The time came for the princess’s final audience with the prince. The king and queen stood by, until the last few minutes.
And have you enjoyed your stay? asked the king grandly.
Except for the small matter of not being comfortable in our beds, interrupted the queen.
I’m sorry to hear that, said the prince. I’m sure we can find a solution if you come again.
Yes, maybe, replied the princess, but of course everyone knew she would not be coming again.
The story was much the same with the next princess to visit, who was small and brown and looked much like me, really. The king couldn’t understand why such a plain-looking person could even be considered. But she also slept badly, and asked to be excused so she could leave early. The prince was sad about this, since he rather liked her company, but he had no time to think about it because the next princess arrived. She was a big strong girl, and rather scared the prince, and the king as well, come to think of it. Once again, she started off being forward and talkative, but as the week went on she got more and more agitated, until she too asked to go home one day early.
But why? asked the prince in dismay.
I’m afraid the comforts of Castle Marsh do not compare with the comforts of home, she replied haughtily.
The fourth princess was very beautiful, well, that’s what she thought of herself. Personally I would have said that you were her equal, my dear, Willoughby said to one of the teenage girls, who blushed and then giggled with her friends. But unlike you, she gave herself airs and graces. The prince could find nothing to talk to her about, since although she had breeding, she had no talents or conversation. She talked a lot, but always about herself and the things she did at her own castle.
The prince was glad when she went, and wondered about the first princess, and why she had found it uncomfortable. She had been rather nice, really.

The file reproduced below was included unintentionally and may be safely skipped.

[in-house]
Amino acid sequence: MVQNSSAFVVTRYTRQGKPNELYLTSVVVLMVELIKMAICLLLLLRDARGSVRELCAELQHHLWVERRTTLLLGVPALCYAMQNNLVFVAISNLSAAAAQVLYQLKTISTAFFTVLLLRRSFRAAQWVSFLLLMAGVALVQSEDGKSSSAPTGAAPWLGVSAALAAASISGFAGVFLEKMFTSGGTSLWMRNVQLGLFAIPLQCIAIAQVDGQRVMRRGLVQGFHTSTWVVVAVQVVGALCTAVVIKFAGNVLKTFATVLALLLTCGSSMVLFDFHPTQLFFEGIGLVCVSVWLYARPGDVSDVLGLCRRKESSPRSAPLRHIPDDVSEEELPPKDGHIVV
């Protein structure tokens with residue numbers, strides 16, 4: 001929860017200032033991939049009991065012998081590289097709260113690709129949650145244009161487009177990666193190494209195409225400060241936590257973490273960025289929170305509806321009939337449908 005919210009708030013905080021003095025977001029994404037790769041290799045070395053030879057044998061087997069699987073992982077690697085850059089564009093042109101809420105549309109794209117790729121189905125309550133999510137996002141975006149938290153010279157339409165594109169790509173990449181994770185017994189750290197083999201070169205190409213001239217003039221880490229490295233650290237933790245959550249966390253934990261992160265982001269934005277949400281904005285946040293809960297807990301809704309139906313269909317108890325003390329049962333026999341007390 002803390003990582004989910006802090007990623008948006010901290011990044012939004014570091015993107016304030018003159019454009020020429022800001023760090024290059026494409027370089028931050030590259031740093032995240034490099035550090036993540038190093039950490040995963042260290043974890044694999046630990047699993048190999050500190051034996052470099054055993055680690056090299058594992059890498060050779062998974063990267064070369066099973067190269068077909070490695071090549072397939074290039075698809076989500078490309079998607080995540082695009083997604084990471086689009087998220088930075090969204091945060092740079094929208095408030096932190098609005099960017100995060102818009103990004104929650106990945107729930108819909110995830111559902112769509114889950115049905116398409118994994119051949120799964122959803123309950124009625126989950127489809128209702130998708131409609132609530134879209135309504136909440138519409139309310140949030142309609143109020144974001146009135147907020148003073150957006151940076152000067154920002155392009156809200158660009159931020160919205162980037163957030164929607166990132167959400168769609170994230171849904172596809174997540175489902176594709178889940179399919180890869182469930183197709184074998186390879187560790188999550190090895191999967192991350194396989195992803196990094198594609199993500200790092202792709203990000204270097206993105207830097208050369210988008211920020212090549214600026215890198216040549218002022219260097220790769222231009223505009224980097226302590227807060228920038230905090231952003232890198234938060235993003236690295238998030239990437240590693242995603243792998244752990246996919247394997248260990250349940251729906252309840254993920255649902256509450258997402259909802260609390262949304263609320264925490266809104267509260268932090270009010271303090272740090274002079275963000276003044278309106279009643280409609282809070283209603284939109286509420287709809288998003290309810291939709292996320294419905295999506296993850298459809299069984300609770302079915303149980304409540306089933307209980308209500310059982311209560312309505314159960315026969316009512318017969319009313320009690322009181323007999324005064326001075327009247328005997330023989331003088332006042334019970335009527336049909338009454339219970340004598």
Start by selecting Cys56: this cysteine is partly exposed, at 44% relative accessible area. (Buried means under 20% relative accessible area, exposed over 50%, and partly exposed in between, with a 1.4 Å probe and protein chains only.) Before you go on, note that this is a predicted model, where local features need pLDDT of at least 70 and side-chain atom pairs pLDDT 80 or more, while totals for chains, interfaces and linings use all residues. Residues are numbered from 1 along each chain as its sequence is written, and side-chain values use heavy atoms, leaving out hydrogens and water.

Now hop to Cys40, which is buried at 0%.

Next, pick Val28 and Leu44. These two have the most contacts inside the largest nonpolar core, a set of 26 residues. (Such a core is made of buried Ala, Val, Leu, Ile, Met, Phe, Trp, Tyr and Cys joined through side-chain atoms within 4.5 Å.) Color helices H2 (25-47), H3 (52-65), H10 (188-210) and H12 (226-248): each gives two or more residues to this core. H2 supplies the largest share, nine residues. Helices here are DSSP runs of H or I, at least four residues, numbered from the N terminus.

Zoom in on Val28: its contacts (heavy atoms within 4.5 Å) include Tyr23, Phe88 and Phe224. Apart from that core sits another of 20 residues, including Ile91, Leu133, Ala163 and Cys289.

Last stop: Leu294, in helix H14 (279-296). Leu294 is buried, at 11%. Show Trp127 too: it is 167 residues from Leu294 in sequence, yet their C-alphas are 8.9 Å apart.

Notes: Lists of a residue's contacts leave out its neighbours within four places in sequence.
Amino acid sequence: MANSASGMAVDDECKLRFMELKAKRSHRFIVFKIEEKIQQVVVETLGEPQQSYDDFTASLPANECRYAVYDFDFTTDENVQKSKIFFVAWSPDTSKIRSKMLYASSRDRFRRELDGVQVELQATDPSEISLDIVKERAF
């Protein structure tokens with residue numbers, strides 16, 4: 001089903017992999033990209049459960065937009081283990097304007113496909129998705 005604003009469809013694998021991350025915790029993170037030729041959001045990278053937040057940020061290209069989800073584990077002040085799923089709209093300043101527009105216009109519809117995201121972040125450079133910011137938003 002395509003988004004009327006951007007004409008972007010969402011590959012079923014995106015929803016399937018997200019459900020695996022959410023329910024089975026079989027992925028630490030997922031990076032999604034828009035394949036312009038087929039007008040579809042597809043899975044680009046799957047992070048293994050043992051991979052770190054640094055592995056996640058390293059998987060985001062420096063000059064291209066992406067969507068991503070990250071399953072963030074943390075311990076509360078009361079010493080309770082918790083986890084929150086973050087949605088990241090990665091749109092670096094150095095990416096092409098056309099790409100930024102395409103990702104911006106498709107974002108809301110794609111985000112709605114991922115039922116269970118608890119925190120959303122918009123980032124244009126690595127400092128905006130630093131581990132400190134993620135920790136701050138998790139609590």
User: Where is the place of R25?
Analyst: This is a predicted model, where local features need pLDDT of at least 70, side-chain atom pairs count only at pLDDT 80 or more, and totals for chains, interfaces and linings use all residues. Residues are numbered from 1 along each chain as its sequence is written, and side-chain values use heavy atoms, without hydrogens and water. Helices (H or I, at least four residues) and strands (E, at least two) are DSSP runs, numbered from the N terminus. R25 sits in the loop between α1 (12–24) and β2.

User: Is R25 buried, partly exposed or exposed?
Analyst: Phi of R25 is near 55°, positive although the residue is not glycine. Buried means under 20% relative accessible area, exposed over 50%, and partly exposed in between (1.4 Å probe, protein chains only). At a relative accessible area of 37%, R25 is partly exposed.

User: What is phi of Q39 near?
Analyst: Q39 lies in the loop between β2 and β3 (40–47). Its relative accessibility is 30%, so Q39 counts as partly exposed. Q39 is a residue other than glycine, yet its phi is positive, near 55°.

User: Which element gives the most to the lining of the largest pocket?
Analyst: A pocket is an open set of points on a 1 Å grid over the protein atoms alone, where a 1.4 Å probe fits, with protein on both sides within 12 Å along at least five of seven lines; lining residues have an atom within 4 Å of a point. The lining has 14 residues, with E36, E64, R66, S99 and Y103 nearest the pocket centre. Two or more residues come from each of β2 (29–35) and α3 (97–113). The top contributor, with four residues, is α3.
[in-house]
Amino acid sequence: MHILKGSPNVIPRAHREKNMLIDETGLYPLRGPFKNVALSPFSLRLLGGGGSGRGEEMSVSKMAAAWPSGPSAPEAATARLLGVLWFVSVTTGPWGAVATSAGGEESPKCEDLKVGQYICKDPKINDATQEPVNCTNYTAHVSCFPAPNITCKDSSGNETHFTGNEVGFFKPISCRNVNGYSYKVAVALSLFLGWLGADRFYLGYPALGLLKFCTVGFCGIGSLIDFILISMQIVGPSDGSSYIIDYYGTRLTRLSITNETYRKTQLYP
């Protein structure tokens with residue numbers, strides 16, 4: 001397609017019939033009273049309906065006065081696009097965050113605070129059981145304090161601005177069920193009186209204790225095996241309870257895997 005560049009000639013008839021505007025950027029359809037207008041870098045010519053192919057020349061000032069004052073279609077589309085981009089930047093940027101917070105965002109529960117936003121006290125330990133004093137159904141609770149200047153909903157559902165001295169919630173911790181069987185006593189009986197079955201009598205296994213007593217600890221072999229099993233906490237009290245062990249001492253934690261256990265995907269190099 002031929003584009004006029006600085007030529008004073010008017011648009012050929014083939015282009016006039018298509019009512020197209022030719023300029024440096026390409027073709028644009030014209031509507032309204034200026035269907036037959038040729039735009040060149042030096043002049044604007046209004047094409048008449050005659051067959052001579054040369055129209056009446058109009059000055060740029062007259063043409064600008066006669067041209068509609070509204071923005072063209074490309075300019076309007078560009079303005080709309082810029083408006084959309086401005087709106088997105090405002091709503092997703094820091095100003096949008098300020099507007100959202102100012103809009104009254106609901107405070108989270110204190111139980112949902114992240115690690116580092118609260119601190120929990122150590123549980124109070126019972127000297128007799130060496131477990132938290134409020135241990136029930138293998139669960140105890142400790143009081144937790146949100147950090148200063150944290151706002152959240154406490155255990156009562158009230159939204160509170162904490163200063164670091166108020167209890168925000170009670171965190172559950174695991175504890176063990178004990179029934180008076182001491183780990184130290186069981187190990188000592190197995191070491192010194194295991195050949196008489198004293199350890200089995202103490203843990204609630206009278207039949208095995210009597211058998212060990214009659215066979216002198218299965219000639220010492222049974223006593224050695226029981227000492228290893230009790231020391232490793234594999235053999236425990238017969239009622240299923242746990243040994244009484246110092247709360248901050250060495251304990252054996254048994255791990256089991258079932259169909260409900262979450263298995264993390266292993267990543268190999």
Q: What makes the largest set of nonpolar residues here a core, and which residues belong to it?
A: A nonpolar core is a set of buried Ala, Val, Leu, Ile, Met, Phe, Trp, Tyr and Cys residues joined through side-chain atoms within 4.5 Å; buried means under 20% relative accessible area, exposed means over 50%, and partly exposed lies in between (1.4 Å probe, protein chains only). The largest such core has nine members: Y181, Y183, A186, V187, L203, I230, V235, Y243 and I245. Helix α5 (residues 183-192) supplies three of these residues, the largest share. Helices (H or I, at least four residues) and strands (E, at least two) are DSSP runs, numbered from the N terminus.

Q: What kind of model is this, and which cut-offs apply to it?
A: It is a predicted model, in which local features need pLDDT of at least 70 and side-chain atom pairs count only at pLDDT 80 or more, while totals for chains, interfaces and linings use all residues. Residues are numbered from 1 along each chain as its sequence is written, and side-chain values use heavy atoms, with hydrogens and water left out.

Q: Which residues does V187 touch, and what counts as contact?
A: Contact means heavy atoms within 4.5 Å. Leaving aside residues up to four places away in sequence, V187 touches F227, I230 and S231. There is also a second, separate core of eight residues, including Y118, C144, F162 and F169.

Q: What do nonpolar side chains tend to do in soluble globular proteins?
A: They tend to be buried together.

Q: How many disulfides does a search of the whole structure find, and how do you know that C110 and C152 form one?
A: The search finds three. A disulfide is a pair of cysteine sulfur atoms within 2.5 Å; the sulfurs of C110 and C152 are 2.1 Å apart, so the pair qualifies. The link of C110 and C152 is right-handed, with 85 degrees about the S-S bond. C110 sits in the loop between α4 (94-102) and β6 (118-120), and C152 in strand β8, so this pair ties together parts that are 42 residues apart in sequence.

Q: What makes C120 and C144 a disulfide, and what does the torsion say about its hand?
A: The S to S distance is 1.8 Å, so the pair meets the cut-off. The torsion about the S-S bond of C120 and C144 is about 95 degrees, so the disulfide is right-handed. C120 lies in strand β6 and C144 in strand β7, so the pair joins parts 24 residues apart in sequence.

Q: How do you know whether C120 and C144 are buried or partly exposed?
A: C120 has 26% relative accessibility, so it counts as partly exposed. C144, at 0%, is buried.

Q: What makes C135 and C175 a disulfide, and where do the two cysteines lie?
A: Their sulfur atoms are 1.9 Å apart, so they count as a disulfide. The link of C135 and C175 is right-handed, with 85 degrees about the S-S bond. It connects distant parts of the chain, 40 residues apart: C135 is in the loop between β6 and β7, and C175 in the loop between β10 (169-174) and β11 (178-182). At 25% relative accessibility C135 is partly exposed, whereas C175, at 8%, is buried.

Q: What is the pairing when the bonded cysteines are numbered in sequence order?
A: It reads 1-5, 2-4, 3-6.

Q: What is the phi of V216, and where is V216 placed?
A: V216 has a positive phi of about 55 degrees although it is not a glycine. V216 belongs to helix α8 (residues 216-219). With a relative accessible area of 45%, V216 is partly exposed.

Finally the fifth princess arrived, neat and tidy and the sort of girl everybody likes. She was cheerful, knew some interesting stories and was happy to play with the children as well as sit with the adults. The cook liked her too.
Do you think I should leave her bed alone, she asked the courtier.
Well, to be fair she should be tested the same as the rest, he replied.
So the cook did her part, and the days wore on, but the princess appeared each morning, well rested and ready for more adventures. The prince took her out visiting the marsh, and she gained many friends.
Why isn’t she having the same trouble as the others? asked the queen angrily.
She is, ma’am, responded the courtier. She just seems to rise above it.
The final morning arrived, and the prince wanted to ask her to stay.
You can’t do that, said the king. Although you could ask her back.
I’d like that, said the prince. So he did.
The princess smiled at him. I’d be delighted to return, she said. But please would you ask your staff to save their dried peas for the winter. They don’t bother me in the least, but I’m sure there will be better uses for them.
And the prince told the king and the king told the queen and she told the courtier and the courtier told the cook, and eventually the truth came out, and everybody had a good laugh. The princess had found the peas in her bed, but instead of making a fuss or just tossing and turning, she’d simply removed them, or moved herself to a different part of the bed.
And the prince knew that someone as wise and resourceful as this, who was polite enough to make no fuss but solve the problem her own way, must be the one for him.
And so she was.
Willoughby gave a final flourish of his flute and bowed low to King Fred and Queen Kira. Everyone knew it was the sort of thing Kira would do, and they all turned and applauded them, then whooped as Willoughby threw small sweet things in the air. The crowd scrabbled for them, then disappeared off to wherever they wanted to spend the rest of the evening, talking about everything and nothing, but especially about Willoughby the Narrator, and the Princess and the Pea.
(c) J M Pett 2014